Lukaschek K.a, b · von Schacky C.c, d · Kruse J.a, e · Ladwig K.-H.b, f
aDepartment of Psychosomatic Medicine and Psychotherapy, University of Gießen, Gießen, bHelmholtz Zentrum München, Institute of Epidemiology II, Neuherberg, cMedizinische Klinik und Poliklinik I, University of Munich, Munich, dOmegametrix, Martinsried, eDepartment of Psychosomatic Medicine and Psychotherapy, University of Marburg, Marburg, and fDepartment of Psychosomatic Medicine and Psychotherapy, Klinikum rechts der Isar, Technische Universität München, Munich, Germany
AbstractBackground: Omega-3 polyunsaturated fatty acids (PUFA) may affect the risk of cognitive decline in older adults.
Methods: Cross-sectional analysis was conducted among 720 (50.4% women) participants aged 68-92 years (mean age: 77.6, SD ±6.2) of the population-based KORA-Age study. Eicosapentaenoic acid and docosahexaenoic acid (omega-3 index) were measured in erythrocytes as a percentage of total fatty acids. The categories low (<5.7), intermediate (5.7-6.8), and high (>6.8) levels of the omega-3 index were built using tertiles. The association between cognitive status and omega-3 levels was assessed by logistic regression analyses with adjustments for important concurrent risk factors of cognitive decline.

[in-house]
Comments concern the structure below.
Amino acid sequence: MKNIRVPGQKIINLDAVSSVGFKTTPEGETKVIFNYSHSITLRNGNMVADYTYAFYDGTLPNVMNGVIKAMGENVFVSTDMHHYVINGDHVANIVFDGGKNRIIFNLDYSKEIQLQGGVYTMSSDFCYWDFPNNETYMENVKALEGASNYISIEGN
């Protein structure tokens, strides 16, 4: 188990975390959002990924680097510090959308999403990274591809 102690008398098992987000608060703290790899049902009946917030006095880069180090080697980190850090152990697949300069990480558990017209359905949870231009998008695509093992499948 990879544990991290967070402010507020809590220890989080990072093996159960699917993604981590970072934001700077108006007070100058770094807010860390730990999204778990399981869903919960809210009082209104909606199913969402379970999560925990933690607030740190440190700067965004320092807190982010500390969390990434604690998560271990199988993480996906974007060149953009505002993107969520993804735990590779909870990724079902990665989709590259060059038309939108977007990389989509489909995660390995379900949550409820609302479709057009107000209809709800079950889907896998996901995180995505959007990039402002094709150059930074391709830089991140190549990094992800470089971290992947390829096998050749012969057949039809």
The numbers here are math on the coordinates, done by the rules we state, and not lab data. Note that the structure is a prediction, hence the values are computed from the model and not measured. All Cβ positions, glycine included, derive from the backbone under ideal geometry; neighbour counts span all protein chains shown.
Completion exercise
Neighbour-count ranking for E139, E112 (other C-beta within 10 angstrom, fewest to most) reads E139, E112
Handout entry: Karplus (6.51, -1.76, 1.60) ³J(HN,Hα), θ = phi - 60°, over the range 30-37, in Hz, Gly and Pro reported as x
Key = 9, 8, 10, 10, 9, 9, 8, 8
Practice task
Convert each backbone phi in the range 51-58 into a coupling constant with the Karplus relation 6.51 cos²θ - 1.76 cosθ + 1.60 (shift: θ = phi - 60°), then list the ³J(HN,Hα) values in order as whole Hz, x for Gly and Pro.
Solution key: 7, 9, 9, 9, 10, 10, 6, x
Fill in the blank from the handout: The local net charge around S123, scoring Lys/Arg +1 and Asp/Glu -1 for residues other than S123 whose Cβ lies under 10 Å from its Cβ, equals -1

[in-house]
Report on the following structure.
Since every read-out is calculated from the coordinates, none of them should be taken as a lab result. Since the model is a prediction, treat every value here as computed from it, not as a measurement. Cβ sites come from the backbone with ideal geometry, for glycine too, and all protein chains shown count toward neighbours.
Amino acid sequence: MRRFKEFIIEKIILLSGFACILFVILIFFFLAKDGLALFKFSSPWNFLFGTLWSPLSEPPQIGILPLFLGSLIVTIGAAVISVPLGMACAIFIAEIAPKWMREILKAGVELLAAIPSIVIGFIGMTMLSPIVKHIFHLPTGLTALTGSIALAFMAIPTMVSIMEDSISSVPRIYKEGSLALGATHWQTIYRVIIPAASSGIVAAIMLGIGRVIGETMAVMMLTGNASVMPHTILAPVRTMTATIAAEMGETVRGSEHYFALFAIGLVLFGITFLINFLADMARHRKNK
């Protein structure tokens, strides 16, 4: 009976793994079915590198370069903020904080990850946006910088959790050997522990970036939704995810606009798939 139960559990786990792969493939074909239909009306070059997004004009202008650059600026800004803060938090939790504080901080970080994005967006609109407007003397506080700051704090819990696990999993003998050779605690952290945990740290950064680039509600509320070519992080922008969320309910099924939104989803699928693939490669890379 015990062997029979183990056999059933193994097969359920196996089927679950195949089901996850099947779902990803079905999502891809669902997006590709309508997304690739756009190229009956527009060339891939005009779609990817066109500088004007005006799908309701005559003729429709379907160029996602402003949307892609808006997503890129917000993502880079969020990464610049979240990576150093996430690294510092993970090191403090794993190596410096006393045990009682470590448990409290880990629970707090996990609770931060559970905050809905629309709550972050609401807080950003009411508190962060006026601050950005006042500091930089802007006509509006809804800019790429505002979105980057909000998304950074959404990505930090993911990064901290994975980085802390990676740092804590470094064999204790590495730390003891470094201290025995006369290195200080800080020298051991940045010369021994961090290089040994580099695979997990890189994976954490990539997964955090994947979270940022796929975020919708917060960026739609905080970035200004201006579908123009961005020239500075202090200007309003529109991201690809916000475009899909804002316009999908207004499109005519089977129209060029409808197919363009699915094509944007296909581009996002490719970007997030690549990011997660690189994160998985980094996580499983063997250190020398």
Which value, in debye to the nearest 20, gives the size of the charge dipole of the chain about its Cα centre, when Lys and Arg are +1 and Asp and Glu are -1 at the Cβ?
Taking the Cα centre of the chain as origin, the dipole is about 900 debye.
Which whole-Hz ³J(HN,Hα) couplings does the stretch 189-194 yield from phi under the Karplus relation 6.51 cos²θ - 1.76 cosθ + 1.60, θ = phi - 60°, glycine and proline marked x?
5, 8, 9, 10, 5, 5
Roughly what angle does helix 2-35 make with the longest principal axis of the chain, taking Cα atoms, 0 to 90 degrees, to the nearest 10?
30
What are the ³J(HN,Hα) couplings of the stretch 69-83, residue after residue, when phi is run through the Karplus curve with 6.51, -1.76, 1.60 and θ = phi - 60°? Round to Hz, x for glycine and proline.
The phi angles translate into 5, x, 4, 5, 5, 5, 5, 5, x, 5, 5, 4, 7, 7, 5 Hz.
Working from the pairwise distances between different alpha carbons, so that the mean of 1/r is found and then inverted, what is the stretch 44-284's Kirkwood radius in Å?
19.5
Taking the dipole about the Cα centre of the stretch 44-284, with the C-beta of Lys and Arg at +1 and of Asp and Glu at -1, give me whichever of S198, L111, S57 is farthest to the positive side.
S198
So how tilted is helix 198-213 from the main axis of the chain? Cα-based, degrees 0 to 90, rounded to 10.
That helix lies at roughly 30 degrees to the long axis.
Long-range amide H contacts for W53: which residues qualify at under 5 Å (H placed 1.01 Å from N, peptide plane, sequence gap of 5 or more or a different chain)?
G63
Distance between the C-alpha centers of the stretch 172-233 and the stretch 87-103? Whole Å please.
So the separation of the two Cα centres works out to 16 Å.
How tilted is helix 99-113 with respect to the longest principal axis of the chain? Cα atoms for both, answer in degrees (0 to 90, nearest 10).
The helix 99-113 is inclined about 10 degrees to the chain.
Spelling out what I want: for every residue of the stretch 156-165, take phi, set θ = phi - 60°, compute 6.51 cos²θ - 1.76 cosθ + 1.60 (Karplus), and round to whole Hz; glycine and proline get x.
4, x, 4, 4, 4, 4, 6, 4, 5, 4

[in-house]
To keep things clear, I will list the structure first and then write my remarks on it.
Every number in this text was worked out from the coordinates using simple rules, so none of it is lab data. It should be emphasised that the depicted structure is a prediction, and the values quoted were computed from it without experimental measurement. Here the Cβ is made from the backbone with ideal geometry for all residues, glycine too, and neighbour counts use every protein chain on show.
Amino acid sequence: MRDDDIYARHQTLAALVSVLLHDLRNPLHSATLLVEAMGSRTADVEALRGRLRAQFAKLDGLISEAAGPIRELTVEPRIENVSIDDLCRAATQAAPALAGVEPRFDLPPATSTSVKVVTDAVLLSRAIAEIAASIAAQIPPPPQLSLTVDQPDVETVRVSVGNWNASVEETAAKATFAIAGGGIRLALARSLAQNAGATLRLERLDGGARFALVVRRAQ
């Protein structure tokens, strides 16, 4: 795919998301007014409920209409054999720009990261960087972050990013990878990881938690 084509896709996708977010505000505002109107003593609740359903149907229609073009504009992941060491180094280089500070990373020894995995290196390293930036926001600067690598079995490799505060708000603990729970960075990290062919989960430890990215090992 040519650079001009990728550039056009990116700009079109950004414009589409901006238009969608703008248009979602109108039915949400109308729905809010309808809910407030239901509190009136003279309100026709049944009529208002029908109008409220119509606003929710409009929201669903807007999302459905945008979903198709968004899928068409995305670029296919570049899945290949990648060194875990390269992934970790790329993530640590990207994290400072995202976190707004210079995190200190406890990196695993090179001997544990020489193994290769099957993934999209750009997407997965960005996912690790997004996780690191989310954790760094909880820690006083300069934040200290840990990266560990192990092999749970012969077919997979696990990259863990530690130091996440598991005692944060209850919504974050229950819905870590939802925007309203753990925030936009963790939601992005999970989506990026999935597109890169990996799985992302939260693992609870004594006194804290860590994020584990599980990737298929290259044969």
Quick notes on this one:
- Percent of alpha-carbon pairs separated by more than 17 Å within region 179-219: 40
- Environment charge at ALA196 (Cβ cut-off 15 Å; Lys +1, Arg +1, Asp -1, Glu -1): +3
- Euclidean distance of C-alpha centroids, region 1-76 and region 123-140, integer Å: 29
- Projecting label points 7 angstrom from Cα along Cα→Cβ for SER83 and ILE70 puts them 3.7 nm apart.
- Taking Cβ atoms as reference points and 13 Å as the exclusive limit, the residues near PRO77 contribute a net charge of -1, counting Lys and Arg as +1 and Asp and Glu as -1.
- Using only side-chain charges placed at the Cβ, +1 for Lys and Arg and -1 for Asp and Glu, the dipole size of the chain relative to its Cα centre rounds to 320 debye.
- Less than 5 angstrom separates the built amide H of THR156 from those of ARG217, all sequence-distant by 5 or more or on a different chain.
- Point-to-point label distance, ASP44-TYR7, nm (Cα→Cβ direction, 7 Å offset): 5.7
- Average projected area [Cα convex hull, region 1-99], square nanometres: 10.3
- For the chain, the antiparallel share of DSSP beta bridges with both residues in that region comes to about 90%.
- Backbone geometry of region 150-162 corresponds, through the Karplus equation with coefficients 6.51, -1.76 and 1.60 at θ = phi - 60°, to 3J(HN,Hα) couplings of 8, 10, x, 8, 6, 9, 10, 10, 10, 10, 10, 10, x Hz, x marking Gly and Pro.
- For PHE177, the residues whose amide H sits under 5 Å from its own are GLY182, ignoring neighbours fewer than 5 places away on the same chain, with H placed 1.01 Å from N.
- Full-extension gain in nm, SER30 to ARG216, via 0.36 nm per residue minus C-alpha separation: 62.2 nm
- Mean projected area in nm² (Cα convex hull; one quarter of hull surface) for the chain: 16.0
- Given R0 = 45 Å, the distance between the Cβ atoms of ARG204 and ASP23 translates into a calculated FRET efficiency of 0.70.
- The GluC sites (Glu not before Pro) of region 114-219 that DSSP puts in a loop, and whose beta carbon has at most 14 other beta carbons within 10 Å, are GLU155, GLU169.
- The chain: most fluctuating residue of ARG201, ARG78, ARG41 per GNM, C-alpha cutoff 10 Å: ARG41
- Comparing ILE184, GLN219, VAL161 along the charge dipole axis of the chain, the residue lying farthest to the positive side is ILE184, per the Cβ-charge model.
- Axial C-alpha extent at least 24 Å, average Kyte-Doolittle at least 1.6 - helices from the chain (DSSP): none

Results: In the sex- and age-adjusted model (model 1), subjects with a low omega-3 index were at a significantly higher risk for cognitive impairment (OR: 1.77, 95% CI: 1.15-2.73, p = 0.009). This association remained stable after further adjusting for educational level (model 2; OR: 1.75, 95% CI: 1.13-2.71, p = 0.01) and metabolic risk factors (model 3; OR: 1.77, 95% CI: 1.14-2.75, p = 0.01). After further controlling for affective disorders (model 4), the association did not attenuate (OR: 1.77, 95% CI: 1.14-2.76, p = 0.01).
Conclusion: A robust association was found between low omega-3 levels and cognitive impairment in an elderly population. Further research is needed to understand the link between omega-3 PUFA and cognitive functioning.